Out of all the numerous standards composed by Victor Young (“Beautiful Love,” “When I Fall In Love,” and “My Foolish Heart” among the many) “Stella By Starlight” seems to tune that musicians love going back to time and time again to re-interpret. Glasper’s got a new version of it in his upcoming Covered album and Herbie chose it to audition for Miles — by the way… Herbie’s got like the best Miles impression ever.


Perhaps one day we’ll tap our favorite neuroscientists and have them do an MRI of participants while listening to “Stella By Starlight” so we can figure out what makes the song so popular. But for now, we can only guess that what makes this song so special and so fun to play is how the simple melody, which only deviates away from it’s key signature once during the 29th and 30th bar during the 32-bar song form, is backed up by the one of the most interesting harmonic changes. The chord changes underlying the “Stella By Starlight” we know today is thanks in part by none other than Miles Davis who took Young’s original changes and flipped em’ twenty ways til’ Sunday to give us one of the most beloved standards today.

A new recording recently dropped of Miles performing the beloved standard during the 1966 Newport Jazz Festival. We’re here to count the other times Miles rocked the song throughout his career.

My Funny Valentine 

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We can’t talk about classic Miles Davis performances without talking about this record. My Funny Valentine is one of two records that became the end product of Miles’ date at what is now known as the Avery Fisher hall back in February 12, 1964 — the other being Four and More. While the band behind Miles in this record isn’t quite his second great quintet (Wayne Shorter would join later that year), saxophonist George Coleman’s expressive solo followed by Herbie Hancock’s re-imagination of the already re-harmonized tune is definitely worth your weekly Saturday morning transcription ritual.

Highlights from the Plugged Nickel

Featuring the Second Great Miles Davis Quintet (Miles, Wayne Shorter, Herbie Hancock, Ron Carter and Tony Williams), Highlights from the Plugged Nickel is easily considered one of the gems in Miles’ great discography. Saxophonist, producer and composer Bob Belden described the recording in his essay about Miles that can be found in Oxford’s Companion to Jazz:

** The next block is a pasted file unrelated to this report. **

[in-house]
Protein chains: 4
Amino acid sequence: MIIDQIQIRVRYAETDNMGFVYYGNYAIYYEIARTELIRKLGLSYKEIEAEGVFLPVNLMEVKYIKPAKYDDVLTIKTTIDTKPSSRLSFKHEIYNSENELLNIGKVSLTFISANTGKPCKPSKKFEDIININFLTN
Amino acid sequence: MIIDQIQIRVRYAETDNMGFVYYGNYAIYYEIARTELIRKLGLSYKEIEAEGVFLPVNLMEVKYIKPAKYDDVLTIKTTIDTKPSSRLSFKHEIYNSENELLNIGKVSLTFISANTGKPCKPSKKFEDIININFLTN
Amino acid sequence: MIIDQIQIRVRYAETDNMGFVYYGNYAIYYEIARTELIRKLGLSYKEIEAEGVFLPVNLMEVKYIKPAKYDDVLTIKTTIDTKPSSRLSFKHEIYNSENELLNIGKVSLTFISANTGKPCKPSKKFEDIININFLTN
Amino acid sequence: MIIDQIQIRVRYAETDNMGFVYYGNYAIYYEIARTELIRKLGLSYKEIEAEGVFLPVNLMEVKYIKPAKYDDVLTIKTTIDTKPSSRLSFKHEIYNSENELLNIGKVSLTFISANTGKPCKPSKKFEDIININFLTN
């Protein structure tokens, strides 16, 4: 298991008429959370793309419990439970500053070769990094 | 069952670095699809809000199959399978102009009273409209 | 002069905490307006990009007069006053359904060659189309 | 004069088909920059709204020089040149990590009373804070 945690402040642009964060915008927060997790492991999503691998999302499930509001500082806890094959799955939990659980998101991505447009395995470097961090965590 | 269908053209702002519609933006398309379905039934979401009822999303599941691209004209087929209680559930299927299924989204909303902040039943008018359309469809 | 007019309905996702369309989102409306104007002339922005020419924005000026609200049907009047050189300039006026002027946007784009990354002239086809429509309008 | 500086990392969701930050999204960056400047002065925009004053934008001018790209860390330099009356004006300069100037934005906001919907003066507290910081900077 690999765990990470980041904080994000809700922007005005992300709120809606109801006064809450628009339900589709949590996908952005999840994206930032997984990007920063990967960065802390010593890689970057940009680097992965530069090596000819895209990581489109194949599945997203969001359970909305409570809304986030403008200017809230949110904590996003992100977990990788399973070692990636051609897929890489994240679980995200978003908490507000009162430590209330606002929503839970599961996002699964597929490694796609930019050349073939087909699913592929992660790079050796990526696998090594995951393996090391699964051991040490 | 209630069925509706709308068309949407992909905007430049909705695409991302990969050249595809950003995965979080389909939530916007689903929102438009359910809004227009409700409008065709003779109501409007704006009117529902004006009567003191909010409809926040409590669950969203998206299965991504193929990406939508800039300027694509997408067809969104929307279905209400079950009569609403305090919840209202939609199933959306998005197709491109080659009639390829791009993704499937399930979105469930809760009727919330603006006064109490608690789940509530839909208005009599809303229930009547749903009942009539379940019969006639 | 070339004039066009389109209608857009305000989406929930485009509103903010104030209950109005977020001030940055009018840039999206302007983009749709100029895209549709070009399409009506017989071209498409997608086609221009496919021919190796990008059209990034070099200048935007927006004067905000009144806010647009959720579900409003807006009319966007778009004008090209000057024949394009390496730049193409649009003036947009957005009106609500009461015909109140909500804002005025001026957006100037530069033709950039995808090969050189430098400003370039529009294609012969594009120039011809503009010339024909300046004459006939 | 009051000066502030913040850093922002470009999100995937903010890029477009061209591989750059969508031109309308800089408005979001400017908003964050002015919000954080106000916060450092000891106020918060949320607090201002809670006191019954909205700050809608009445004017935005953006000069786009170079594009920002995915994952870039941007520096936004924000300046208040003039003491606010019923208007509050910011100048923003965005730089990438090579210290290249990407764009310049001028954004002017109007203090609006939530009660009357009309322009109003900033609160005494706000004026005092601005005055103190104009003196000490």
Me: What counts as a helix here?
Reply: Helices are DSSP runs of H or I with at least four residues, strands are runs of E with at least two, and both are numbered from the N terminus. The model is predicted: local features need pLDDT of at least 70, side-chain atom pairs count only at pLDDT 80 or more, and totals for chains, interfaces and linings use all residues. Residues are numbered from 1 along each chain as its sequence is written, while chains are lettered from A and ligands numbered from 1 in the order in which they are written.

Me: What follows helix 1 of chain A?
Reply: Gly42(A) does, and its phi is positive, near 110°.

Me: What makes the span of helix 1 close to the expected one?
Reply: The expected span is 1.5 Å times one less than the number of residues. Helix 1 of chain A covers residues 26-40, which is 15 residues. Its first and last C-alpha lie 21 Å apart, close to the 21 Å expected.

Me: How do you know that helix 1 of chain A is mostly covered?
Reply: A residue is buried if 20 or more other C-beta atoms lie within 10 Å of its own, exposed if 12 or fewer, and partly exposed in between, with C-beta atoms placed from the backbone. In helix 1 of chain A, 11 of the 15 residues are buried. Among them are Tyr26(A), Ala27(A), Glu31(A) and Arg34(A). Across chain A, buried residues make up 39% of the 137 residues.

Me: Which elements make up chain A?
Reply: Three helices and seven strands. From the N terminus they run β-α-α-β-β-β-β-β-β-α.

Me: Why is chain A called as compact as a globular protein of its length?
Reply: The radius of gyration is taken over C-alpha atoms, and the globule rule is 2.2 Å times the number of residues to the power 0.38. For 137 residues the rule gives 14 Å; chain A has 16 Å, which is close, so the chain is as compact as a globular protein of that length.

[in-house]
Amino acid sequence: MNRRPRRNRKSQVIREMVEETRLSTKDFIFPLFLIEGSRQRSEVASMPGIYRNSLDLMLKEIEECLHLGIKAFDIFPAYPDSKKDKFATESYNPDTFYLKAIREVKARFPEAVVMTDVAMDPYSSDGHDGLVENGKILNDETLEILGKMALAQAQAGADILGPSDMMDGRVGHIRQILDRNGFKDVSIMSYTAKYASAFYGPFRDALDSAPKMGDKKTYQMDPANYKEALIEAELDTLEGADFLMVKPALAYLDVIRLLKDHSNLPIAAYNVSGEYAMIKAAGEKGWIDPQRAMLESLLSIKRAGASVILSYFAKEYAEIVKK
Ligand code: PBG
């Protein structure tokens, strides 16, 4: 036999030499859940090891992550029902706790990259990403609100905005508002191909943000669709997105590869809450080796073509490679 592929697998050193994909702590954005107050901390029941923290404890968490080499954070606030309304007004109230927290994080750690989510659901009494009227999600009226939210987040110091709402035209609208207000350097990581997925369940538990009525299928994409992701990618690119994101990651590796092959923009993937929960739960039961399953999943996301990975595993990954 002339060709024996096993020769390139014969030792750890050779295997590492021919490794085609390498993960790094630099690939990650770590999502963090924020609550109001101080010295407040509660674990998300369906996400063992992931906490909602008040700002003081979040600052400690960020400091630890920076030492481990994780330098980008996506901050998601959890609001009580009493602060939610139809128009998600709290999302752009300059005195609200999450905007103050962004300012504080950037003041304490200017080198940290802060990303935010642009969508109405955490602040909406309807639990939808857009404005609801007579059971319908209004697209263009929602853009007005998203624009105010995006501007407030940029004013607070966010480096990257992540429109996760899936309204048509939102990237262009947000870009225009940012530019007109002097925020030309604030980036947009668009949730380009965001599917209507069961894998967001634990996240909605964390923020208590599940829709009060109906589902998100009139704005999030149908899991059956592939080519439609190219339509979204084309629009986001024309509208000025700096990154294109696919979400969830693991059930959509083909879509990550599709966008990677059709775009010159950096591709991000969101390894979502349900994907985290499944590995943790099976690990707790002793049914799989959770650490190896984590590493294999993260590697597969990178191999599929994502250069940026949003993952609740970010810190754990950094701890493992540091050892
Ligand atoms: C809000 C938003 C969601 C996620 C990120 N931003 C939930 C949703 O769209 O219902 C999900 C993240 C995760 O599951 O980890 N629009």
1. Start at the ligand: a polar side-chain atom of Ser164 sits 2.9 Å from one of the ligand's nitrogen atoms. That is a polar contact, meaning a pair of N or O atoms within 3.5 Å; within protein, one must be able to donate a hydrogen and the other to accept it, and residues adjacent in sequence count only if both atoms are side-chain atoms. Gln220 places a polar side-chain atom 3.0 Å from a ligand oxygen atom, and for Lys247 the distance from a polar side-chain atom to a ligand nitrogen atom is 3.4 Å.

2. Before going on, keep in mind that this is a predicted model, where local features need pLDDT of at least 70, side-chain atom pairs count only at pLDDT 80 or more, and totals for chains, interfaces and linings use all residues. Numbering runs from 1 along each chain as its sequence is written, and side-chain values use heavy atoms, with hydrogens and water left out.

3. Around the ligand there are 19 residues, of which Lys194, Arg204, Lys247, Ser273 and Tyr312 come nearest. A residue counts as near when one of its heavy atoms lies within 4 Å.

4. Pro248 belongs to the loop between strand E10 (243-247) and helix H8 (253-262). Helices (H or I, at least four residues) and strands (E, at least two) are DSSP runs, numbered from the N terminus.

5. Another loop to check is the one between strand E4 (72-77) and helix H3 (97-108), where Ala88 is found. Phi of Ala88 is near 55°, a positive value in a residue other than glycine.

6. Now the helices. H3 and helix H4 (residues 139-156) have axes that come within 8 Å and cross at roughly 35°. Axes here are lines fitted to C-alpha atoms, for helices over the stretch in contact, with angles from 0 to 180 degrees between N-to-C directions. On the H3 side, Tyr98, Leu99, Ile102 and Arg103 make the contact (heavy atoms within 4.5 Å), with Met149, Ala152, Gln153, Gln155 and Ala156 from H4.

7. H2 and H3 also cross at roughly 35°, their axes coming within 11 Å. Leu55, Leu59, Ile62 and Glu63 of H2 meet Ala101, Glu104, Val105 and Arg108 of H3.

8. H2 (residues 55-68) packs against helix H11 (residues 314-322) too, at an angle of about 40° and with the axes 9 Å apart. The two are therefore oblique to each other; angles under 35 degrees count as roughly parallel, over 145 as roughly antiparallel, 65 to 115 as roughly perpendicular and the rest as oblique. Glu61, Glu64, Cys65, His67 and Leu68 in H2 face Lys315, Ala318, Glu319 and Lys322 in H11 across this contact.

As soon as the group began to build some momentum, Davis required hip surgery. This situation kept him from working until late November 1965. On the nights of December 22 and 23, Columbia recorded the quintet in a Chicago club. ‘Miles Davis: The Complete Live at the Plugged Nickel’ captured the band heading into unknown territory… Shorter, Hancock, Carter, and Williams had grown in Davis’ absence, and they brought all of their musical discoveries into the band. 

1958 Miles // ’58 Miles featuring Stella By Starlight

Now that you’ve heard two classic recordings from Miles during the ’60s, it’s time to dial it back to the late ’50s when the trumpeter rocked another all-star group. Recorded on July 4th at the Newport Jazz Festival and September 9th at Plaza Hotel in NYC, Miles was joined by John Coltrane, Cannonball Addereley, Bill Evans, Paul Chamber and Jimmy Cobb, a.k.a the ensemble — sans Wynton Kelly — that would cut his magnum opus, Kind of Blue. Producers keep your ears open during Bill Evans solo and the outro as the pianist gives a masterclass on how to drop tasty chord after chord for all your sampling needs — just make sure you get it cleared.

Miles Davis at Newport 1955 – 1975

And now, the pièce de résistance: the newest addition of Miles Davis performing Victor Young’s “Stella By Starlight” recorded at Newport in 1966. Backed by his Second Great Quintet, this rendition of “Stella By Starlight” starts off similar to the recordings captured from Chicago’s Plugged Nickel where they start off subdued — as was Young’s intention — then go for blood with Tony William’s ride cymbal pattern and Ron Carter’s steady bassline keeping the soloists in check. For more about the new Miles Davis box set and this latest recording of “Stella By Starlight,” head to Rolling Stone.


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